One boy, one beast, many adventures – Netflix Dream Works Dragons

One boy, one beast, many adventures – Netflix Dream Works Dragons

There is lots of excitement in the house today; and we are not talking about the start of the Summer holidays, we are talking about the arrival of the all new action packed series … Dream Works Dragons: Race to the Edge! … released on Netlfix, today, Friday 26th June.

The popcorn is bought, the couch is booked and the whole family plan to start the holidays off in style tonight. And there will be the newest member of the family squeezing in too… this little guy.

My youngest is a huge fan of toothless so imagine his excitement when a package arrived from Netlfix this week containing his all-time favourite dragon, along with his trusted side kick – Hiccup! My only worry is that dragon and small boy will be asleep before they even get to watch their favourite series – such is the level of action that the two adventurers have already clocked up.

First off, toothless is a flying dragon, as we all know, so small boy enlisted a little help from science to get his friend airborne… Newton stated that every action has an equal and opposite reaction and that is what both boy and dragon counted on with this little stunt!


Did it work? Well, it certainly got toothless flying right across the room but eventually the pair decided that they needed more height and distance and turned their attention to rocket power. They constructed a stomp rocket and the fearless dragon was taped to the rocket, secure and ready for launch. Test flights gave good results in the corridor until Mum decided that it was an experiment best brought outdoors. Boy and dragon were very happy with the flight distances that this little adventure achieved.

toothless catapult

Happy, but not completely sated, they decided that distance was good but they wanted a little more height… time to bring in the big guns and launch a bigger rocket. At this stage they were wisely persuaded that the fearless dragon should, at least, be wearing better safety gear… so they built him a helmet!


Onwards and upwards, toothless was strapped in place and all set for launch.


5, 4, 3, 2, 1…


What goes up, must come down!


A successful flight, awesome heights, and a relatively soft landing (if you are made of hard plastic and wearing that, oh so important tinfoil helmet). Maybe they didn’t make it into the stratosphere but the dragon certainly earned his wings… and a good night’s sleep!

Check out the action packed new series on Netflix for more great adventures…

And if you have any little adventurers in your home that are rocket crazy here is how to make these rockets…


You will need:

an empty 2L plastic bottle, paper, insulation tape, a 1/2 inch PVC pipe, a length of rubber tubing;

What to do… tape one end of the rubber tubing to the neck of the bottle and tape the other end to one end of the PVC pipe. Next make the body of the rocket by wrapping a piece of paper around the PVC pipe and secure it with tape at the overlap. Remove the rocket from the pipe. Cut four triangles of paper and attach to the body of  the rocket near one end; these are the rocket fins. Make a nose (cone shape) for the other end of the rocket and attach it with tape.  You are now ready to launch your rocket. (Best to do this outside!).
Sit your paper rocket over the PVC pipe and place the 2L bottle on the ground on its side. Stomp on the bottle and watch your rocket shoot off!
You will need:
An empty 2 L plastic bottle, paper, a ball pump needle, a bottle cork, a foot pump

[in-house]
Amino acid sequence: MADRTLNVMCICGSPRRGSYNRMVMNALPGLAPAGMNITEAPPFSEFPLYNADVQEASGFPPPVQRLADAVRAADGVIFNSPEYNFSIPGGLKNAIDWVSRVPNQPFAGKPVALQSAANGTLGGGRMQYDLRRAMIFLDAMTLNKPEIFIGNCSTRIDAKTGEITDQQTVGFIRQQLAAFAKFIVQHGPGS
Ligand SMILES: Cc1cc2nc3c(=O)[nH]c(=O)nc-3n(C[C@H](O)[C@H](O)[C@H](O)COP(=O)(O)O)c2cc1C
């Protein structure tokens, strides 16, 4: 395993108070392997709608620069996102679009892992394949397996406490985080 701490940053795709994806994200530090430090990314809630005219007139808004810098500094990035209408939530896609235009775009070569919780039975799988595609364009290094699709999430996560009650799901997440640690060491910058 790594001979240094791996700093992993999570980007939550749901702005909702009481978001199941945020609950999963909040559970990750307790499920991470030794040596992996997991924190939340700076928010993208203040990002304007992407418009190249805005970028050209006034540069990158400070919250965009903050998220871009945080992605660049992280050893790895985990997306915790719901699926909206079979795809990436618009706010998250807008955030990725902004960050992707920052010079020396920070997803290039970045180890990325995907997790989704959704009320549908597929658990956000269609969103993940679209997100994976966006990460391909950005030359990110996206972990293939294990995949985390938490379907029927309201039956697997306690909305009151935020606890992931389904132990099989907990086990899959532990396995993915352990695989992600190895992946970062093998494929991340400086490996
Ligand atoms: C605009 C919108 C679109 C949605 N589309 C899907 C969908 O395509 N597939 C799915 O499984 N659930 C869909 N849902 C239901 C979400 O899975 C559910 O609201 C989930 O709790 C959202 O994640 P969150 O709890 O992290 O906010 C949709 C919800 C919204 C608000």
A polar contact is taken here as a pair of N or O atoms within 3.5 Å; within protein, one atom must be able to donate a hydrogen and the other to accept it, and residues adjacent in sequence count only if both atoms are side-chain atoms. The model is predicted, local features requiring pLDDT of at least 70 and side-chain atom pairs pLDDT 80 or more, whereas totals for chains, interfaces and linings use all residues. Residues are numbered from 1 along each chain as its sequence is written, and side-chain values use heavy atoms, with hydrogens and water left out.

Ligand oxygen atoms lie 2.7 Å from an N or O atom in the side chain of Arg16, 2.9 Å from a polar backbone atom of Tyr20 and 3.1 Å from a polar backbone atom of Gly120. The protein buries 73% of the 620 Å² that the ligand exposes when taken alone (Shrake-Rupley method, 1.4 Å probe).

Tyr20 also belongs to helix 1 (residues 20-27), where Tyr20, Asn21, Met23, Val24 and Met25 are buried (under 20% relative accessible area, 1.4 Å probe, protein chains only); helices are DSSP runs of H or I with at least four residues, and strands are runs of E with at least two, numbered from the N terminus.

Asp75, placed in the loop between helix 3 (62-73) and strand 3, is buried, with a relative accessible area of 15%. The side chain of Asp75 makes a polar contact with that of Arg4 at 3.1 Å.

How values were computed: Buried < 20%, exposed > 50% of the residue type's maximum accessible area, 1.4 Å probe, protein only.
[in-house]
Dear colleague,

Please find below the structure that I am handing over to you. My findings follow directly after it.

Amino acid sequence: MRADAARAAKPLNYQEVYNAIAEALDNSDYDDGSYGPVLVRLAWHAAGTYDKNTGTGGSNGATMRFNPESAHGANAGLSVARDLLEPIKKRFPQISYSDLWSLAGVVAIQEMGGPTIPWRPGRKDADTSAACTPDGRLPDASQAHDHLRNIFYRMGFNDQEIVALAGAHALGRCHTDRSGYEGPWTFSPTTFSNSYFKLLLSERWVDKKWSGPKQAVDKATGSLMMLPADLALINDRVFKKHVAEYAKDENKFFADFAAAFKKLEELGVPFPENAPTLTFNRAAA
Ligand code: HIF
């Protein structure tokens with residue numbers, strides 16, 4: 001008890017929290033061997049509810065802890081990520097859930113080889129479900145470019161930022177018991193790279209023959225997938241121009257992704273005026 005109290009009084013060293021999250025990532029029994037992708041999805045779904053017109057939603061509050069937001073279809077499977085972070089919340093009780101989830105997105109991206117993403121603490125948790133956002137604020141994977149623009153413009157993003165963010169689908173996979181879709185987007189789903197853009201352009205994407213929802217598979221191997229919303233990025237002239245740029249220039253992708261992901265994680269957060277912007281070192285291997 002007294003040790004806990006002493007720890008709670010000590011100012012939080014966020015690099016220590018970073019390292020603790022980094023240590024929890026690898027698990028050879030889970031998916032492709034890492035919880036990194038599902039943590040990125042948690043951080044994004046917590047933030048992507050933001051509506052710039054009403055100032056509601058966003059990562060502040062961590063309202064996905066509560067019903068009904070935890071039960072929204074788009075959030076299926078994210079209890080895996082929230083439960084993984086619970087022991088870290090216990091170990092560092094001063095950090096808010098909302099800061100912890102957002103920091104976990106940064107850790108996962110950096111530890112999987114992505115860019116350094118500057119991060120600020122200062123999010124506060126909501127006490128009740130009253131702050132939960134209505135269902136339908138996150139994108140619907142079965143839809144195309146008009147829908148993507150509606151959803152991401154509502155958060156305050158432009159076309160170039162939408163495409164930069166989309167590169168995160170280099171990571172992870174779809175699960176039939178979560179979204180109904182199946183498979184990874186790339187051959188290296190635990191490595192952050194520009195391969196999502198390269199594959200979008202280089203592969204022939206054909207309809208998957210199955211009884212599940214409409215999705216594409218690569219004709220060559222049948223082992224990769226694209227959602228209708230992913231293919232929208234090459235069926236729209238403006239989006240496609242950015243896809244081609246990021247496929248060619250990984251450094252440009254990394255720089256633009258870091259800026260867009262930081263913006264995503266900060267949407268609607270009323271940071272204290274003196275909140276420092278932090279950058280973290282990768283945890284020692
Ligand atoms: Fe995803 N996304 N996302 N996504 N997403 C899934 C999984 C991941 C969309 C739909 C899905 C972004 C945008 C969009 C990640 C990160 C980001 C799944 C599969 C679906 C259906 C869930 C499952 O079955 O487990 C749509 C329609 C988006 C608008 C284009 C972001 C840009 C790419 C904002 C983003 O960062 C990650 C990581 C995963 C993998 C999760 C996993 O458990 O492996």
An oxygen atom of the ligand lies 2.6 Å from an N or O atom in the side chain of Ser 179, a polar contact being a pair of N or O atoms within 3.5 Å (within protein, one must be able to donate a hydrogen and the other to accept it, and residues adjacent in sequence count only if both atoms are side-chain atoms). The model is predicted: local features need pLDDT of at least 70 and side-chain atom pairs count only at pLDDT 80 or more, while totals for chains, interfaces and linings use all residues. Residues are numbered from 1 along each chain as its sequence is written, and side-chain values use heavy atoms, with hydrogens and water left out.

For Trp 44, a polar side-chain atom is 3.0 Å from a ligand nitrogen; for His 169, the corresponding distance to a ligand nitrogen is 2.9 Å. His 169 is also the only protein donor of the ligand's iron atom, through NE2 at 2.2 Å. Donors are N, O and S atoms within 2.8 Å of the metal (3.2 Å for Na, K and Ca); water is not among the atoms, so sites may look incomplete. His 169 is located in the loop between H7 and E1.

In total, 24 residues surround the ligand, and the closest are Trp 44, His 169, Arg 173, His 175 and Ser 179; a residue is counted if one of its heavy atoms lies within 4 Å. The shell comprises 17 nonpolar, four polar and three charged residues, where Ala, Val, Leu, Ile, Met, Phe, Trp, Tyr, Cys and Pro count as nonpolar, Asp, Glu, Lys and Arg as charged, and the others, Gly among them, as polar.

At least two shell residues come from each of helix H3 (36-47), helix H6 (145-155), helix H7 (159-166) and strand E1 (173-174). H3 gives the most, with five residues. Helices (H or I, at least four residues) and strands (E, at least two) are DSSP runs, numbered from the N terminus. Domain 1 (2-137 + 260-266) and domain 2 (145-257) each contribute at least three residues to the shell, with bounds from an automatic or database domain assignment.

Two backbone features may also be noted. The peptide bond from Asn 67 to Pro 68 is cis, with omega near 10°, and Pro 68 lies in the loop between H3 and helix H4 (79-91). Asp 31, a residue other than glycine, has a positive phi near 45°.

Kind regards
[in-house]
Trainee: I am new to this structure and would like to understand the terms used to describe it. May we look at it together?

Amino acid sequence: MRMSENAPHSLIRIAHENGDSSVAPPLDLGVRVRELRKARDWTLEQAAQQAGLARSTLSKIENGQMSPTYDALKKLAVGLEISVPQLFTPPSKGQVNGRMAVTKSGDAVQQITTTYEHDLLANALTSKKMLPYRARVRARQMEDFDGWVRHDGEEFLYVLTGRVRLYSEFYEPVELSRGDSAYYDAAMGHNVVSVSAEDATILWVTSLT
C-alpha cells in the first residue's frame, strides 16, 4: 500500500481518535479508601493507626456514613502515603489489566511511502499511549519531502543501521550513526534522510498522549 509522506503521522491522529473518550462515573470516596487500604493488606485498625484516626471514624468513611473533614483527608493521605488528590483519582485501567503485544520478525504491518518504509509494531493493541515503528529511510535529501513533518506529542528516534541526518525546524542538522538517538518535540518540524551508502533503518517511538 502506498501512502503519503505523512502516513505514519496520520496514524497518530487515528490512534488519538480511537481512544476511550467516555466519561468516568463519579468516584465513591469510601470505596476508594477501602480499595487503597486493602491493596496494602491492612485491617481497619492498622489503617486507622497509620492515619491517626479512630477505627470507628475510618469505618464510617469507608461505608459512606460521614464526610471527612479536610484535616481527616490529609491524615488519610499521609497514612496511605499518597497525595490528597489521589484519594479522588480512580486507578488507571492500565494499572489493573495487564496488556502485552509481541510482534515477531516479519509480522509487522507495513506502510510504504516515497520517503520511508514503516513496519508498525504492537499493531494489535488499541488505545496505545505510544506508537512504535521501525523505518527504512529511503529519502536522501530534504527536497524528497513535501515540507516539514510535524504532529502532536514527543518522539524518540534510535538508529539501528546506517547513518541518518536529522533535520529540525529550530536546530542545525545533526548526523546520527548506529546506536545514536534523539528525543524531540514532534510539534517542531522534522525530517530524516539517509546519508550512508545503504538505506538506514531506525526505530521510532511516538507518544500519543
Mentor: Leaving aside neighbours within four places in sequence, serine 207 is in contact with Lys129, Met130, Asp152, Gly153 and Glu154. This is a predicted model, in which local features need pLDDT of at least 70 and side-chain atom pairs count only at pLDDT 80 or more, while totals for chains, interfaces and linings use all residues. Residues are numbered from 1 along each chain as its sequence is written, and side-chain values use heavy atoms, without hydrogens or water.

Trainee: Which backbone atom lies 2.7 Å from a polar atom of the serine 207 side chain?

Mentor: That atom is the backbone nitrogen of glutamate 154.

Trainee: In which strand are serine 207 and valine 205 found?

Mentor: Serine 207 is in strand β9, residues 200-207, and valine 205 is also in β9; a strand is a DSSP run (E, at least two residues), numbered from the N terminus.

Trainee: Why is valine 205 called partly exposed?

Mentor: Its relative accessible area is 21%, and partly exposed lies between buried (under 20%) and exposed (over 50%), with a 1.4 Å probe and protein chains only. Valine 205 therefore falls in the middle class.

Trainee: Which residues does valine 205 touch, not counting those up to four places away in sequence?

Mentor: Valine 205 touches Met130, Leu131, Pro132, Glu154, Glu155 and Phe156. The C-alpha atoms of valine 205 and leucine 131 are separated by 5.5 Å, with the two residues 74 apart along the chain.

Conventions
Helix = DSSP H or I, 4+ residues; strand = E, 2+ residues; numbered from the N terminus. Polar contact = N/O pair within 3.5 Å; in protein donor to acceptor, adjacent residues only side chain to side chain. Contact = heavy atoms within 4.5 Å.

What to do… using the paper make three fins and a nose cone for the bottle rocket, the base of the bottle is where you fit the cone, attach the fins around the side of the rocket. Push the ball pump needle through the cork until it comes out the other side; Fill the bottle rocket one third full with water and plug the neck of the bottle with the cork. Attach the food pump to the ball pump needle and, either hold the bottle rocket or secure it vertically on the ground (we used an adapted funnel). Start pumping until…. your rocket launches with a big whoosh of water and flies into the air!
Disclosure: I received the toy as part of the Netflix Stream Team; All opinions expressed in this post are my own.
Aurora borealis and Aurora australis – how are they formed?

Aurora borealis and Aurora australis – how are they formed?

Aurora borealis and Aurora australis, also known as the Northern and Southern lights, are amazing displays of light in the sky, most often seen towards the polar regions. The colour displays range from green, to reds to purples and vary from small wisps to large dramatic streaks through the sky.


To understand how these light displays happen we need to understand a little about solar winds. The surface of the sun is constantly bubbling and boiling. Sometimes particles of plasma are released from the sun’s surface at areas called sun spots. This plasma escapes the pull of the sun’s magnetic field and is released into space as solar winds.

These solar winds can travel to Earth where they are attracted to the Earth’s magnetic fields, particularly at the north and south poles. When particles from the solar winds enter the Earth’s atmosphere they collide with particles of oxygen and nitrogen giving off these wonderful displays of colour.

The colour of the Auroras depends on the particles that interact with the solar wind and their altitude. Green and yellow colours are typically associated with collisions with oxygen, while red, violet or blue colours result from interactions with nitrogen. While these displays are best seen in regions closer to the poles we are sometimes lucky enough to catch site of them right here in the skies over Ireland.

Have you ever seen them? Next time you hear of a lot of solar flares it might be worth remembering to look to the skies in the hope of catching these spectacular light shows.